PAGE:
Ecology Ottawa is urging the City of Ottawa to “rewild.”
The goal is to put a priority on the preservation of greenspace, plant of native vegetation in parks and on lawns and “naturalize” lands throughout the urban area.
“Cities around the world are embracing the idea of rewilding. If Ottawa is serious about a green and just recovery from the COVID pandemic, rewilding initiatives must be prioritized,” Ecology Ottawa says on its campaign website.
The environmental group wants local citizens to sign a petition and push local politicians to commit to the principles of rewilding. Signatories “urge council to take ambitious action to conserve and restore nature in Ottawa by making bold financial and political commitments to rewild our city.”
Ecology Ottawa is focused on sustainable urban living and routinely advocates for the importance of protecting the environment in and around Ottawa. The group has advanced many initiatives focused on creating a greener Ottawa and a healthier city environment.
There’s nothing more refreshing than a city park or greenspace to break up the constant grind of the concrete jungle. Greenspaces and public parks are a vital part of every community, especially those in city environments. These areas serve to benefit residents, pets local wildlife and the environment in general, and are a crucial piece of urban planning.
Ecology Ottawa promotes the importance of urban biodiversity and argues that one of the first steps the city needs to take amending bylaws that discourage residents from turning their front lawns and backyards into more naturalized landscapes.
By amending these bylaws — which include Property Standards (2013-416), Property Maintenance (2005-208), and Use and Care of Roads (2003-498) bylaws — residents of Ottawa would have more freedom to manage their own properties in more biodiversity-friendly ways.
Rewilding favours taller native grasses rather than the traditional green lawns and square hedges, as well as functional gardening that incorporates herbs, vegetables and other edibles.
“Rewilding is a method of conservation that helps nature thrive,” Ecology Ottawa says. “In urban spaces in particular, rewilding is all about reimagining our relationship with nature. It involves deliberate planting of native species and allowing this vegetation to become established through natural regeneration.”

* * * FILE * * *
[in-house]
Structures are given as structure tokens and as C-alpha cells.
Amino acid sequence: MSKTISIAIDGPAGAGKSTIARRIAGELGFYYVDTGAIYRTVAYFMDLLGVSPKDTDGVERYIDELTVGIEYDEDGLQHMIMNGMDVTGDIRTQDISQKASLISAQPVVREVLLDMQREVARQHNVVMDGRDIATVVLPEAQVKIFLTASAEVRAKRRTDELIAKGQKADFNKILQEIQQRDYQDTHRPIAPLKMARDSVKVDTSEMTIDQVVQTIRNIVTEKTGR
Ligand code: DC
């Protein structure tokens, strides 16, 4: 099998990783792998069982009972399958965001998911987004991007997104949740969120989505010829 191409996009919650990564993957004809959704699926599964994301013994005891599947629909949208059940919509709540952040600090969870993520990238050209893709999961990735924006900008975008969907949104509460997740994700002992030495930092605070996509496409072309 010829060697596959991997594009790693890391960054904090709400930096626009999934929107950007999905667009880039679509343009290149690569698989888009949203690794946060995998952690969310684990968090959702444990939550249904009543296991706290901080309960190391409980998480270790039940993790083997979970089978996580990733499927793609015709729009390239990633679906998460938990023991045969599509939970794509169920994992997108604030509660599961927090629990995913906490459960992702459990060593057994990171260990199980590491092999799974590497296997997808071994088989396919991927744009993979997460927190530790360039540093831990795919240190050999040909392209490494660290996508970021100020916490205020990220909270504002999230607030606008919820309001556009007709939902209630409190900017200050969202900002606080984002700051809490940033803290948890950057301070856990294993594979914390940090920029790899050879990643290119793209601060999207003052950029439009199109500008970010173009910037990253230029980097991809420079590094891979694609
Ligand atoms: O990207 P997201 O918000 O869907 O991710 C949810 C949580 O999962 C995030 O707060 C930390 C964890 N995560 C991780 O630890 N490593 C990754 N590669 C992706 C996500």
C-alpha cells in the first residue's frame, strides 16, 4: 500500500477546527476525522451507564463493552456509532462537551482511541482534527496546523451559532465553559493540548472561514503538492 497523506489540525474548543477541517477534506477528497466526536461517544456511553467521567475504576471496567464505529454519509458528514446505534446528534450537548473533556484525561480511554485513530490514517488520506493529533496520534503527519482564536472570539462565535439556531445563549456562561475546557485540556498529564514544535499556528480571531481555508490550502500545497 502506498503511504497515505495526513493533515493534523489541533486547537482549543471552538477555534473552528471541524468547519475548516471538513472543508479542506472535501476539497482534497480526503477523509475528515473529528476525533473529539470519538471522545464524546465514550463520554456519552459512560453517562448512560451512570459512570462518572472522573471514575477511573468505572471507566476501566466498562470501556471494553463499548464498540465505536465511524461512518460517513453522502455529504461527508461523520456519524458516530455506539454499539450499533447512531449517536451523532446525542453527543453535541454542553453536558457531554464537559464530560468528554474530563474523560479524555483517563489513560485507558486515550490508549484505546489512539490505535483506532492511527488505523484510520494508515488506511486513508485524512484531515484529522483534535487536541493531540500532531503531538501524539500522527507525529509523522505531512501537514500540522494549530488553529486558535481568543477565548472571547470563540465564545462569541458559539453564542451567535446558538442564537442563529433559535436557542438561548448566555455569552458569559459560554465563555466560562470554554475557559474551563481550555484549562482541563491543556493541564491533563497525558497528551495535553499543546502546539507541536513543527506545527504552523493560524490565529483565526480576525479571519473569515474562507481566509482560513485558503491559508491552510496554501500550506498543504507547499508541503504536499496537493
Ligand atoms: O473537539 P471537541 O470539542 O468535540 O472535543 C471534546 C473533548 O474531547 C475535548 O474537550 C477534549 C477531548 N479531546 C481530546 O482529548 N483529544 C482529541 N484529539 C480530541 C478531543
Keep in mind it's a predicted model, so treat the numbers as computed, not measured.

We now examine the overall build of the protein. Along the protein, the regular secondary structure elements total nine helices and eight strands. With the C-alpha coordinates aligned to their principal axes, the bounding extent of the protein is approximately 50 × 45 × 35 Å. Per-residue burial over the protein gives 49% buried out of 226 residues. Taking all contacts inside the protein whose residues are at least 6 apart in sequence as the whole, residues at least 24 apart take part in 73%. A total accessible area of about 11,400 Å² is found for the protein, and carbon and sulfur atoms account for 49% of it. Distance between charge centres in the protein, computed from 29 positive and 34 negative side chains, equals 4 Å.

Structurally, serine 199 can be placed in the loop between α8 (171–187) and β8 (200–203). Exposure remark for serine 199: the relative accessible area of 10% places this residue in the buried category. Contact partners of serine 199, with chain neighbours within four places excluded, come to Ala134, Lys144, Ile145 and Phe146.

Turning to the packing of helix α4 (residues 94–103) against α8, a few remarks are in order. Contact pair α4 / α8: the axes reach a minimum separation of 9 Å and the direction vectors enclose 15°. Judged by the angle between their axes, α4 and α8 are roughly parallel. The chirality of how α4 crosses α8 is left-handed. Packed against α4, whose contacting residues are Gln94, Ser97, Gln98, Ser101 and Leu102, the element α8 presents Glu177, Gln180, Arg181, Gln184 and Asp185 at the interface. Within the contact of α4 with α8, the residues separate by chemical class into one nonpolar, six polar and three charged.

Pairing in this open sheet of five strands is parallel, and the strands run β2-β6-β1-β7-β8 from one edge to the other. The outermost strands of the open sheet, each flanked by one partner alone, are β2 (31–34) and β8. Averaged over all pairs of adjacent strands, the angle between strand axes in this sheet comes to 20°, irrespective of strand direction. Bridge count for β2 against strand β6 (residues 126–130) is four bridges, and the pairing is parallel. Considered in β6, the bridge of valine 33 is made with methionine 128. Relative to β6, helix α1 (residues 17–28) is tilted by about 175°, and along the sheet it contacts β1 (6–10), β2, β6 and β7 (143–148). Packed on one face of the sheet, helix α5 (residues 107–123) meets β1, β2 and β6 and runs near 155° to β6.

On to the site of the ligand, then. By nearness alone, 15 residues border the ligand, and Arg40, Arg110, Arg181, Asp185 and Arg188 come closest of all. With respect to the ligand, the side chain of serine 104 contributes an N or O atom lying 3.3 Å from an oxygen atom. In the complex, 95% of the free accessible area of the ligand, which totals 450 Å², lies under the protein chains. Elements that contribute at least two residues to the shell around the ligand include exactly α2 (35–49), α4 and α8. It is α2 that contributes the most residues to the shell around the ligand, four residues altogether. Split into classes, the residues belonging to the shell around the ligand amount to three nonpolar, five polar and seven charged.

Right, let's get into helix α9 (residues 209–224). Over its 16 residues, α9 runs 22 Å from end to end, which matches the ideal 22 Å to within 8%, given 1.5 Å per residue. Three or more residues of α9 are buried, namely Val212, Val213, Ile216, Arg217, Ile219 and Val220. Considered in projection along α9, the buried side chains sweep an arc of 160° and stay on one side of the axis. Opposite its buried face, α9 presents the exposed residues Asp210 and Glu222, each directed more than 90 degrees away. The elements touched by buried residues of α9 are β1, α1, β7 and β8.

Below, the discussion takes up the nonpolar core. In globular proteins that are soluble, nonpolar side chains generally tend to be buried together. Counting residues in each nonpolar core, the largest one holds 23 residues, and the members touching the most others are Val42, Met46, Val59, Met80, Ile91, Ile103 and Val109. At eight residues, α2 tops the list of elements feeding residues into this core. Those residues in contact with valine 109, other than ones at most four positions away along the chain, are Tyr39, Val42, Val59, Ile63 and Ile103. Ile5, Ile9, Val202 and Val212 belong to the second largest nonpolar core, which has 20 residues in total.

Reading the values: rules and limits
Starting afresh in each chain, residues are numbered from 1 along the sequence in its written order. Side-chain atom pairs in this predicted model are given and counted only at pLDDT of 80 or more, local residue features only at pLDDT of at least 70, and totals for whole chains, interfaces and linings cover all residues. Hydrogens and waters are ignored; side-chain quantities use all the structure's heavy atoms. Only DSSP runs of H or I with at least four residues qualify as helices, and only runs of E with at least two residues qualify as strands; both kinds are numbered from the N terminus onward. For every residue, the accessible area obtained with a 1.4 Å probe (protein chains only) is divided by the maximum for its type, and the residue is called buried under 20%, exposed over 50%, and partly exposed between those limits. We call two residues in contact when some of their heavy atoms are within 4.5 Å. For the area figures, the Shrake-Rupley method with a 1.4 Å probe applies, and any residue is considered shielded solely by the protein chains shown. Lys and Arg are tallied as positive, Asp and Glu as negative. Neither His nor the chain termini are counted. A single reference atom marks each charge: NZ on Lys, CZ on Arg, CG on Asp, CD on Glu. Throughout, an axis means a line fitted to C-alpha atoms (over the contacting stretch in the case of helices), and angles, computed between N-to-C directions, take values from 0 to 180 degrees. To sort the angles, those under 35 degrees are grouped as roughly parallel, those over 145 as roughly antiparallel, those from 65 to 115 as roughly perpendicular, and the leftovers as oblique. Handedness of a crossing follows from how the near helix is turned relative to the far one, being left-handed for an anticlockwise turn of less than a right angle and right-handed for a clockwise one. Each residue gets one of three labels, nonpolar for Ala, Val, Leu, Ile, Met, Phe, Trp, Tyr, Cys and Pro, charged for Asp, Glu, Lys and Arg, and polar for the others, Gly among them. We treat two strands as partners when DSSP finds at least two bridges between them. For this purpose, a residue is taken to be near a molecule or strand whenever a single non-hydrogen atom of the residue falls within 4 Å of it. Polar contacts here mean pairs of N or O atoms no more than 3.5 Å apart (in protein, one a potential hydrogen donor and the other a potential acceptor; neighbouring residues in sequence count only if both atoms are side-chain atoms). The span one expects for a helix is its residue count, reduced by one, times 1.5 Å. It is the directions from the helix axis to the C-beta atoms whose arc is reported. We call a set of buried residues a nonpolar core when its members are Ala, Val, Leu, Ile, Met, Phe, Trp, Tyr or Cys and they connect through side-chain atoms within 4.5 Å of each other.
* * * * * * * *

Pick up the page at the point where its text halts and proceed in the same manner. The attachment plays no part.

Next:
Jeff Collins is the owner and operator of REWILD Landscapes, a landscaping company in Ottawa that specializes in naturalized landscaping, sustainable planting focusing on indigenous species and functional gardening. Collins says enhancing biodiversity is a key part of long term, functional rewilding.
“We need to think seven generations down the line — how will the land look in 100 years? — and build functional spaces for our clients to enjoy,” said Collins, adding that one of the goals of his company is to help local citizens be more connected to nature.
Since the beginning of the pandemic, the popularity of being in nature — especially for those living in urban areas — has skyrocketed, leading to an increased focus on outdoor activities and movements such as rewilding. With COVID-19 came pandemic lockdowns and travel restrictions, making the presence, or absence, of city parks and greenspaces all the more evident in urban areas.
Megan Quinn, coordinator for conservation biology in Eastern Ontario with the Nature Conservancy of Canada, said she believes that natural wildlife and greenery is essential to any person’s wellbeing, especially for the younger generation.
She said young people are highly motivated to restore the planet’s biodiversity, adding that youth engagement and youth-led nature conservation will be essential for the evolution of urban areas.
“I think youth especially have a massive opportunity when it comes to rewilding. There is passion and drive to make change in their environment,” she said. “I truly believe that youth have to be part of the conversation when it comes to talking about our planet.”